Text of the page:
Taken From "Along the Wisconsin River" By A. Decker, 1907


The members of this Company are D. E. Frost, T. J. Anders and C. E. Van Hecke, the three men shown in the automobile. They have just started a factory for the manufacture of


This improvement, which will add much to the durability of automobiles, was invented in 1906 by C. E. Van Hecke. The Company already has a good start made toward the building up of an important industry.

There is a wide field and an almost incalculable demand for an article that so effectually overcomes the one prominent difficulty with automobiling, viz.: the destruction of pneumatic tires. The Reversible Protector entirely eliminates all danger of puncture, bruises or cuts.

Several of these Protectors are now in use in various parts of the country where the company purposely scattered them to test under the varying conditions that different localities present. One car that they equipped with them is now on a trip to New York and has already made nearly 2,000 miles without puncture or injury. Others are being tested with like results in the City of Chicago and various other localities.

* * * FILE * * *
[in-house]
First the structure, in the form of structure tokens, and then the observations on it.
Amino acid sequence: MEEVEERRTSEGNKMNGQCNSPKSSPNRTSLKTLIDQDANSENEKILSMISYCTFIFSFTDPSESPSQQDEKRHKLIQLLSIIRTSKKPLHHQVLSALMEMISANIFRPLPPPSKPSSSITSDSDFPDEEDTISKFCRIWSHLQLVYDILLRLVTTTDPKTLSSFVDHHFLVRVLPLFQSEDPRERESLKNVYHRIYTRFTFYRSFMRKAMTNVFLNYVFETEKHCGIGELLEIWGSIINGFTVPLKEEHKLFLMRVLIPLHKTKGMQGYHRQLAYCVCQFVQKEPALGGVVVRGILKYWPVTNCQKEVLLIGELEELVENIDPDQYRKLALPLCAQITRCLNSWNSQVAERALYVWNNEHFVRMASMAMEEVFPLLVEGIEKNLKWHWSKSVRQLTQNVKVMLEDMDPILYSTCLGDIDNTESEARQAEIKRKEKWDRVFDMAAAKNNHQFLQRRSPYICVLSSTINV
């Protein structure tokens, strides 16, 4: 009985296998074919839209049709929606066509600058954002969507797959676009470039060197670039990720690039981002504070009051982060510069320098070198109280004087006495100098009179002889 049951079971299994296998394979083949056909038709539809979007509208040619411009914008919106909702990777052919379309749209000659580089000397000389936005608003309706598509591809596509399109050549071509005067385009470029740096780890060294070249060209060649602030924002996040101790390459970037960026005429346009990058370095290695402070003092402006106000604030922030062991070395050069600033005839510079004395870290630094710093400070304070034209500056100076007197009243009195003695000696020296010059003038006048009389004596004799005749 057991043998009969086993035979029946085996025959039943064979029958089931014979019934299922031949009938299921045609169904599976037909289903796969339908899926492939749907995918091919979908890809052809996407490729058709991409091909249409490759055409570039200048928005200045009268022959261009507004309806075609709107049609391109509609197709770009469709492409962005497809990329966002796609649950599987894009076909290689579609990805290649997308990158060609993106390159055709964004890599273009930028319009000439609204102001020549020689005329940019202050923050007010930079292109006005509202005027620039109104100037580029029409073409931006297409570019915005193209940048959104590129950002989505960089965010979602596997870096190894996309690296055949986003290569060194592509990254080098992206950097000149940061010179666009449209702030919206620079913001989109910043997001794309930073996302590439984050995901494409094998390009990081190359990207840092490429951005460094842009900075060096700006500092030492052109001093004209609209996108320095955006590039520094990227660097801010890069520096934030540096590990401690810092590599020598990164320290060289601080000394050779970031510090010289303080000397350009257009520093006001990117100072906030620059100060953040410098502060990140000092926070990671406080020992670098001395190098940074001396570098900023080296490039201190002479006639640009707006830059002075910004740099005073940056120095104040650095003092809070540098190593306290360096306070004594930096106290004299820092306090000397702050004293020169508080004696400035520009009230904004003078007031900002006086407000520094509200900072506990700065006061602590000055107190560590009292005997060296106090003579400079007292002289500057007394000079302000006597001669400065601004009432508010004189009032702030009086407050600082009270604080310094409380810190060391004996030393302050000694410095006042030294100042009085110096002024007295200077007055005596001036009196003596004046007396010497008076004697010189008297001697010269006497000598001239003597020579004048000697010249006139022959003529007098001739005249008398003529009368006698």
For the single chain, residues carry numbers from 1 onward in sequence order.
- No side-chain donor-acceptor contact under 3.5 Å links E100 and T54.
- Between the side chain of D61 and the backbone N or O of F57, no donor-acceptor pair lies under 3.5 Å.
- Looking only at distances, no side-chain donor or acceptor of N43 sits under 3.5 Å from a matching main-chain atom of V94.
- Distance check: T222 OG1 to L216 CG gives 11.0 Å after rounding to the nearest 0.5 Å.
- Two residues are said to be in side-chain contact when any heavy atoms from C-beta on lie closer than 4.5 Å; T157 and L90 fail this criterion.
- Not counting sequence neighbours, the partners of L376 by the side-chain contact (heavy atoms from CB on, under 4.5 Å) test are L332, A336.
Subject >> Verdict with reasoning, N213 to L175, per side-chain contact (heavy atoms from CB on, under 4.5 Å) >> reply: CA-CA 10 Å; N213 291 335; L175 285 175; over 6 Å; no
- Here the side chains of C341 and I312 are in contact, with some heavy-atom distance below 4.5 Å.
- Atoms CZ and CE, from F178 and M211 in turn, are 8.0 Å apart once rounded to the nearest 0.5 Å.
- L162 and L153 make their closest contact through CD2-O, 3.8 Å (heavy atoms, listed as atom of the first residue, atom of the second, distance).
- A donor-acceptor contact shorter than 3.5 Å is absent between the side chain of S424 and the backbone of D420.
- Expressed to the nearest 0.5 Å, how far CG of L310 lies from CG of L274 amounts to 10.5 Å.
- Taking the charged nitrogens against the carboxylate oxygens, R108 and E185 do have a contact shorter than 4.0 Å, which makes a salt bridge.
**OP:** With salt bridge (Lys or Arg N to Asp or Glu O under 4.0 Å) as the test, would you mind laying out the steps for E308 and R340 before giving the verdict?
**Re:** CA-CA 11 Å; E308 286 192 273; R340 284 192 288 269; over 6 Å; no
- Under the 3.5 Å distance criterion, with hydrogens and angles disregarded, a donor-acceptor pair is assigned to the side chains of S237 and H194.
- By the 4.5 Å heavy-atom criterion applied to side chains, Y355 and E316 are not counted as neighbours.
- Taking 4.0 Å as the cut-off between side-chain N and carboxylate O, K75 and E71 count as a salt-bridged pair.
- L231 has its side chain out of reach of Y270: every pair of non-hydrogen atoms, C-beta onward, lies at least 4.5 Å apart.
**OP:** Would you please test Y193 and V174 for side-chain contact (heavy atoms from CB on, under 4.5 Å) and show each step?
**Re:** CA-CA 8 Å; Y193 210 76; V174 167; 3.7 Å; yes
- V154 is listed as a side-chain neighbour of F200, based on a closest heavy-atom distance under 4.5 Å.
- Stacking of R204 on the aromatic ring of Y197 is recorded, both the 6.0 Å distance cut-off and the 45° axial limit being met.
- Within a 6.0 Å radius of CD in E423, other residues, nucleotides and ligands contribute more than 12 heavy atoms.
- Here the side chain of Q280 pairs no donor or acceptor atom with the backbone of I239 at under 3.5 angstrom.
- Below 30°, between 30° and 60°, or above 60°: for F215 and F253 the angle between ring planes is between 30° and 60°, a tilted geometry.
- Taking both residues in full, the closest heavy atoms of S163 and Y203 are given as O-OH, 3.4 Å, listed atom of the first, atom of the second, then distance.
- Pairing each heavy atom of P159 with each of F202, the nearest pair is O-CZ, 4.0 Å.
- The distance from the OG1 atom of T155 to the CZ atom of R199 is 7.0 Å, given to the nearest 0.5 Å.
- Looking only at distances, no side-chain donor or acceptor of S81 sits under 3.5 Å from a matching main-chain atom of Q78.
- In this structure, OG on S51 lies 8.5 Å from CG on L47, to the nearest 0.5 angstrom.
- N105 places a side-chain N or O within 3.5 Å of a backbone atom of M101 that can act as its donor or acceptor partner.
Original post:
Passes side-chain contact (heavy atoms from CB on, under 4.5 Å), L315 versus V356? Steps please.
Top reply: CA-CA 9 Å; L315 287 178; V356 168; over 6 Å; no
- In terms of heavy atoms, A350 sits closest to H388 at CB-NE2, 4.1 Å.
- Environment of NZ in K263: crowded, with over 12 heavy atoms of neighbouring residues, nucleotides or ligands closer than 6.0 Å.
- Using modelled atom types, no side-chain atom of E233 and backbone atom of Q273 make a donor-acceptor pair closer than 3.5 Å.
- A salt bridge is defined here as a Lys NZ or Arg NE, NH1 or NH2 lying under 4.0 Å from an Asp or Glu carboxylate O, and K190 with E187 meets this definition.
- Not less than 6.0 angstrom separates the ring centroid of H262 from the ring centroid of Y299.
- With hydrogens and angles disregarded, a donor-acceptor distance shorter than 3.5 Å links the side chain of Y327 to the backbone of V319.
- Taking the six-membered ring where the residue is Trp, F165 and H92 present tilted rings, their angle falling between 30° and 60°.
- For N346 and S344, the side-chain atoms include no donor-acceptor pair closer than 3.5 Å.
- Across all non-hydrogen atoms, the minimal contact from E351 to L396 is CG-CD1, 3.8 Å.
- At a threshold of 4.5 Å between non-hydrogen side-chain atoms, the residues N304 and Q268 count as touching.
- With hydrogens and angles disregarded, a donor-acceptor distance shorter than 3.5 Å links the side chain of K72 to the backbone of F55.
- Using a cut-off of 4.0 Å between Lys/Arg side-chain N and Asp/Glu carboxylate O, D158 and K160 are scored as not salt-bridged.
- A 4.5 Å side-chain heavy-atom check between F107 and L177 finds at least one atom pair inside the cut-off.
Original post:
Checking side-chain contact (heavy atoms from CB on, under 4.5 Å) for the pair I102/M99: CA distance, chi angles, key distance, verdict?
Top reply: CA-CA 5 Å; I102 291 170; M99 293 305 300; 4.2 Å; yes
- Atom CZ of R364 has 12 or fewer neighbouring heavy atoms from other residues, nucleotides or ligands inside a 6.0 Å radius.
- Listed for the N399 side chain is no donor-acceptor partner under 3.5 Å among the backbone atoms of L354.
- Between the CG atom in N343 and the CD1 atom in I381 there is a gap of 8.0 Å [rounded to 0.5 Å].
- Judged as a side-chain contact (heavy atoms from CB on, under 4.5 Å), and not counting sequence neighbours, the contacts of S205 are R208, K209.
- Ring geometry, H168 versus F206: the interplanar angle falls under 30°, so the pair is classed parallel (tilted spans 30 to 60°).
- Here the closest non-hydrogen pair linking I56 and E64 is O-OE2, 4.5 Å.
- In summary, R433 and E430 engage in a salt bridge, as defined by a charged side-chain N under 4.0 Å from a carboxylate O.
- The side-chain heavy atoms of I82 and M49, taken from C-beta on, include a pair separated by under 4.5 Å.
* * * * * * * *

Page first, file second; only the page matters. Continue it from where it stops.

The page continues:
The Protector is ornamental and surprisingly strong. A novel feature is the method of fastening whereby it is held so securely that it cannot shift position, yet is free to "creep" and "spring," thus relieving the sudden strain caused by contact with track obstructions.

The Company has several orders on hand, a considerable crew at work, and that their product is awakening the interest of the automobile fraternity is evidenced by the fact that already one of the largest automobile tire manufacturing concerns in America has asked to negotiate with them with a view of taking their entire output.


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